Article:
Call for new approaches to prevention

Speakers at the Public Health Prevention Conference 2019 called on Australia’s public health community to expand their approach in order to better address the complexity of chronic disease prevention.

Prevention Centre Deputy Director – Research, Professor Lucie Rychetnik, presented the case for an integrated agenda of prevention research and advocacy that recognised human and planetary health as linked systems.

Deputy Director Lucie Rychetnik presenting at the Public Health Prevention Conference
Professor Lucie Rychetnik presenting her keynote address at the PHAA conference

Drawing on the work of Kate Raworth and her book Doughnut Economics, and the recent Lancet Commission on Obesity, Undernutrition and Climate Change, Professor Rychetnik said a significant step forward would be to start including the triple bottom line of health, economic and environmental measures as a standard approach to prevention.

She spoke about the Lancet Commission’s recommended ‘double-duty’ or ‘triple-duty ‘actions – interventions that can be effective against the common drivers of poor nutrition and climate change.

For example, transport mode shifts can address obesity by promoting active travel, reduce under-nutrition by making fresh food more accessible, and benefit the climate through lower carbon dioxide emissions.

“The biggest problem is that while we know what can work, often these polices are not being implemented.”

“There is potential for more aligned research and advocacy across different sectors to collaborate for local solutions that will benefit not only chronic disease prevention but that will also have other benefits,” she said.

Headshot of International systems thinking expert Professor Finegood
Systems thinking expert Professor Finegood

Leading international systems thinking expert Professor Diane Finegood told the conference that public health researchers and policy makers needed to adapt their scientific approach to deal with increasing complexity.

The current approach – to identify the causes of a problem and test solutions – is better suited to complicated rather than complex problems, she said.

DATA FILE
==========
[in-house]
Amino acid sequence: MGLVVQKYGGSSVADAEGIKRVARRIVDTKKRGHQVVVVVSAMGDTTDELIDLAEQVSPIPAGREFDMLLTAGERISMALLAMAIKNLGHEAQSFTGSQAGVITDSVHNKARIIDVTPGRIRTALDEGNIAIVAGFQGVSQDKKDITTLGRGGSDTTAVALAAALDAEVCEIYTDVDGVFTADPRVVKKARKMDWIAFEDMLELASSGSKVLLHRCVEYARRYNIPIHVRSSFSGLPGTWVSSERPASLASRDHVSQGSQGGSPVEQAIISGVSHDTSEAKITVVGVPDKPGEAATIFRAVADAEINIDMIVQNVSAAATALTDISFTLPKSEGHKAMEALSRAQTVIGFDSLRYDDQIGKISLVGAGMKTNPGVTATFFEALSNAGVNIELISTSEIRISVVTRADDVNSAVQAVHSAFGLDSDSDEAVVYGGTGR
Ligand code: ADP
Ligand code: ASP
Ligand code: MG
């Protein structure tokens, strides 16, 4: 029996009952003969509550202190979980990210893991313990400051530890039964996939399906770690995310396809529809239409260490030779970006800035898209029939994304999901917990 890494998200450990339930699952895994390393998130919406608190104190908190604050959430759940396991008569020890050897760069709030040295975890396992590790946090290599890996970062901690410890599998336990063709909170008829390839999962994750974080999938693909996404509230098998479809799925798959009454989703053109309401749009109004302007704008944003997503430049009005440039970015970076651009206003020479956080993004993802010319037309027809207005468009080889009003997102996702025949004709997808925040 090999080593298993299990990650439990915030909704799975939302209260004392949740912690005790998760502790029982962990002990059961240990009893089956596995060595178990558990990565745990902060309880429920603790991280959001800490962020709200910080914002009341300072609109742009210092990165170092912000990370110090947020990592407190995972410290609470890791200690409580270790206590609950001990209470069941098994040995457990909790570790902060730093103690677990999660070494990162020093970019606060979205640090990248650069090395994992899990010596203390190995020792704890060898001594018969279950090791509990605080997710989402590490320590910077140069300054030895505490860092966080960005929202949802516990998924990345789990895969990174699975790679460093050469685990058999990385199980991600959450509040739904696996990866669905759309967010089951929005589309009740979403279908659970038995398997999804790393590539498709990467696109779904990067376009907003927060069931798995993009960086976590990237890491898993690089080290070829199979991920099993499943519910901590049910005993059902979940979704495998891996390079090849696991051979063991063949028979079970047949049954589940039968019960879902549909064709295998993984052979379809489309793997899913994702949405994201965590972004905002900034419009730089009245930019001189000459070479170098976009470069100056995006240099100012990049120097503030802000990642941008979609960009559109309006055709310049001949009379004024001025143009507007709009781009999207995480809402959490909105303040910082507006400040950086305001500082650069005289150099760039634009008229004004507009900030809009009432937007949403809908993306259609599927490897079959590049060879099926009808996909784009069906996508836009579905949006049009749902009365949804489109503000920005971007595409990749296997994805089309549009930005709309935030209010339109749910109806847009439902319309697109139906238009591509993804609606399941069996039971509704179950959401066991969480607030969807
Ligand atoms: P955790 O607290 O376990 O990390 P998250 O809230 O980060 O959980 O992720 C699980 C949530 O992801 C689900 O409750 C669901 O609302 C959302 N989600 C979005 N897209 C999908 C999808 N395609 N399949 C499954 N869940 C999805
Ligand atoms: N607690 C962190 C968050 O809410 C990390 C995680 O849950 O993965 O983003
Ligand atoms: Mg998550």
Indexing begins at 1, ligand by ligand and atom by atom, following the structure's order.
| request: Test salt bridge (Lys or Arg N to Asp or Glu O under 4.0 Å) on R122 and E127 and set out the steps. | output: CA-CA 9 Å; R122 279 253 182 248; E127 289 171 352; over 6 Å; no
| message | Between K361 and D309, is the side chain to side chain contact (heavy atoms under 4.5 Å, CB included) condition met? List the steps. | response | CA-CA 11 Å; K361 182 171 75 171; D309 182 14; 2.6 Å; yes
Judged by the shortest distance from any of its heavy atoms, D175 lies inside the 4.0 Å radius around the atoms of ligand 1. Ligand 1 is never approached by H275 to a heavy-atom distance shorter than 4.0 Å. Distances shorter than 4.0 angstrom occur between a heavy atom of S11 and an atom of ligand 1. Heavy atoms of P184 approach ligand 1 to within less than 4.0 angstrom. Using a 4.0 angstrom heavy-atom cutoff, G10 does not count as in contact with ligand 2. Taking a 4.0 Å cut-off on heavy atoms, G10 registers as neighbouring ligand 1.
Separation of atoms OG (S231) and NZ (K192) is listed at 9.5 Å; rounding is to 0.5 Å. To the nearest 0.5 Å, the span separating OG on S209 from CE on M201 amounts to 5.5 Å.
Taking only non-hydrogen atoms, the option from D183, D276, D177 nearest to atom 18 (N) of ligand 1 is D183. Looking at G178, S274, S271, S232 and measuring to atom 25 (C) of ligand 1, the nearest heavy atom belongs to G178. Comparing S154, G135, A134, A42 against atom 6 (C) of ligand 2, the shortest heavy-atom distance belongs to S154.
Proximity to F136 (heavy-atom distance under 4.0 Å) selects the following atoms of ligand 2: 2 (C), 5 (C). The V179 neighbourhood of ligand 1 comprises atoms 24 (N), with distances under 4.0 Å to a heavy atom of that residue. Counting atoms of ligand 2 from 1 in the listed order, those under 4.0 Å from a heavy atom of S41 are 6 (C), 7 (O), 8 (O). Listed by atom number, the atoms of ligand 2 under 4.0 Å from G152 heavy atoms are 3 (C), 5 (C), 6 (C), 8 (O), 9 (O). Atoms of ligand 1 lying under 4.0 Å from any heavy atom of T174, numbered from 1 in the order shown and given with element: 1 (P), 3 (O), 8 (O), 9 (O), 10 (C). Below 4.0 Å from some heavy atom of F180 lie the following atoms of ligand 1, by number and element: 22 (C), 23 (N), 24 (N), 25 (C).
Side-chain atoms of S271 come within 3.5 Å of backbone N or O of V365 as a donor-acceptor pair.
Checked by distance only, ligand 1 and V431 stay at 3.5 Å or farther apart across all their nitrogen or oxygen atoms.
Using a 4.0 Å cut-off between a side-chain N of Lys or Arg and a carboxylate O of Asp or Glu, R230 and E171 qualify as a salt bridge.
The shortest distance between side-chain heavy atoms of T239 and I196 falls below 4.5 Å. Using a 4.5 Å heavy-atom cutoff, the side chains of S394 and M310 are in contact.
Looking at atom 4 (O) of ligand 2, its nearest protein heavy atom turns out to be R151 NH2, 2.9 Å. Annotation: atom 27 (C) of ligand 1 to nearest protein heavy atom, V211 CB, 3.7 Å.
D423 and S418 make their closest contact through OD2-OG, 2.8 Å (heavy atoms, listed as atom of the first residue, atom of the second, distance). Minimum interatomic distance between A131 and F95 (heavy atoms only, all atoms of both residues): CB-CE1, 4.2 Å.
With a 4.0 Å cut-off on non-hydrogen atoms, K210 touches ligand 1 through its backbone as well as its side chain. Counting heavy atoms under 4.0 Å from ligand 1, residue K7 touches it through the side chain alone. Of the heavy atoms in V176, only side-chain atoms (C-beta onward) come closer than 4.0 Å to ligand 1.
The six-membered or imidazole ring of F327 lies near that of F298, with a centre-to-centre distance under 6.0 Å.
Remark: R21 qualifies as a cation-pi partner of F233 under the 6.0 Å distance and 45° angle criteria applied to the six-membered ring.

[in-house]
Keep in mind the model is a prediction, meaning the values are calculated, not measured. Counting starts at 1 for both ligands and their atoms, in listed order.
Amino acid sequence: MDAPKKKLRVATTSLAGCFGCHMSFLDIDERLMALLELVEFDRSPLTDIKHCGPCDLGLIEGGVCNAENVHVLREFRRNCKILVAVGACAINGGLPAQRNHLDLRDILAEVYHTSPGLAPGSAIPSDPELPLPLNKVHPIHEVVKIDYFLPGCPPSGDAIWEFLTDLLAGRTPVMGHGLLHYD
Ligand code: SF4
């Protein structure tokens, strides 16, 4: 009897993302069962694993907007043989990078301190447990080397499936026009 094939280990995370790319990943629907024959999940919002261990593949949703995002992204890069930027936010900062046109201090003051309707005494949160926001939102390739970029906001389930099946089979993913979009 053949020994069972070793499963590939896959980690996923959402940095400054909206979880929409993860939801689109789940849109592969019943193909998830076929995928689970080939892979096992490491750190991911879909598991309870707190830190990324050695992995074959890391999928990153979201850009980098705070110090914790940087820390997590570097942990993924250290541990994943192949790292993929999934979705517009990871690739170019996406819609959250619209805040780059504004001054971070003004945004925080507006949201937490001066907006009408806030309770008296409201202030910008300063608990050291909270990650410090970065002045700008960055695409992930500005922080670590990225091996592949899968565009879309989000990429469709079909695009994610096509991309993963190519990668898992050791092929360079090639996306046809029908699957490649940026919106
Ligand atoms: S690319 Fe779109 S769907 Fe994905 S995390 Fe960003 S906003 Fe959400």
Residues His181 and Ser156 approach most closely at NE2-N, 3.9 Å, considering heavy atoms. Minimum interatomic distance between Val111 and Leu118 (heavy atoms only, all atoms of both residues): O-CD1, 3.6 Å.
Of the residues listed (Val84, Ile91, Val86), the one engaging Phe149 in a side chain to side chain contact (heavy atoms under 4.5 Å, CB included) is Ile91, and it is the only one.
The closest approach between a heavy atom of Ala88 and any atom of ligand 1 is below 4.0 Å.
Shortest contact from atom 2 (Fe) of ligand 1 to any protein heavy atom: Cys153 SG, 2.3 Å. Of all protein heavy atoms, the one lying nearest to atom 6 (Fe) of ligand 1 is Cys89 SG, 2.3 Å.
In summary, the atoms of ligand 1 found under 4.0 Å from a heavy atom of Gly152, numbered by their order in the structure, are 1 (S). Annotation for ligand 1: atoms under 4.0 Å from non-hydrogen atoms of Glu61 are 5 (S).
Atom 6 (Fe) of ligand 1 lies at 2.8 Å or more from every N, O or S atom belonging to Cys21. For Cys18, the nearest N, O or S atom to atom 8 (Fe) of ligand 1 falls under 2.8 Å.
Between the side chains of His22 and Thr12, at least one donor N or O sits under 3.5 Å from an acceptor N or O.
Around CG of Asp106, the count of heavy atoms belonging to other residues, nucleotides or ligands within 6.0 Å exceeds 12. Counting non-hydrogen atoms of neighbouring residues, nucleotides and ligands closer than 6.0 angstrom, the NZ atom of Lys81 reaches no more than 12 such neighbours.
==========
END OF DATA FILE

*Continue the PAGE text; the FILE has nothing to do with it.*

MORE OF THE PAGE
“It’s like baking a cake, launching a rocket to the moon and raising a child. Baking a cake is a simple problem that you can do by following a recipe. Launching a rocket is complicated and you need expertise, but the solution is replicable. But raising a child is a complex problem because expertise isn’t helpful, and each child is unique,” she said.

“When we’re trying to address complex problems, taking a linear, reductionist approach doesn’t work. Our approach to complex problems needs to change.”

The best way to approach complex problems was to develop a shared understanding of the problem so that different actors could see themselves as part of a larger framework, she said.

Click here to read our handout on systems thinking approach

Professor Finegood called on delegates to contribute to an evidence base for systems thinking so that they would be better supported by policy and decision makers.

“Intuitively, systems approaches make sense – we know that building trust, developing a shared understanding and surfacing people’s deeply held beliefs are important. But we need good science to back up these claims and show that this stuff works,” Dr Finegood said.

“We have made the case that policy needs to be based on evidence. Now we need to build the evidence base so the time and resources needed for a systems approach are recognised and invested in.”

Professor Finegood is based at Simon Fraser University in Vancouver, Canada, and is a member of the Prevention Centre’s international scientific advisory committee. She has played an important role in guiding the Prevention Centre in trying to address the complex problem of prevention in different ways, such as through partnerships and building trust.

Read more about systems thinking.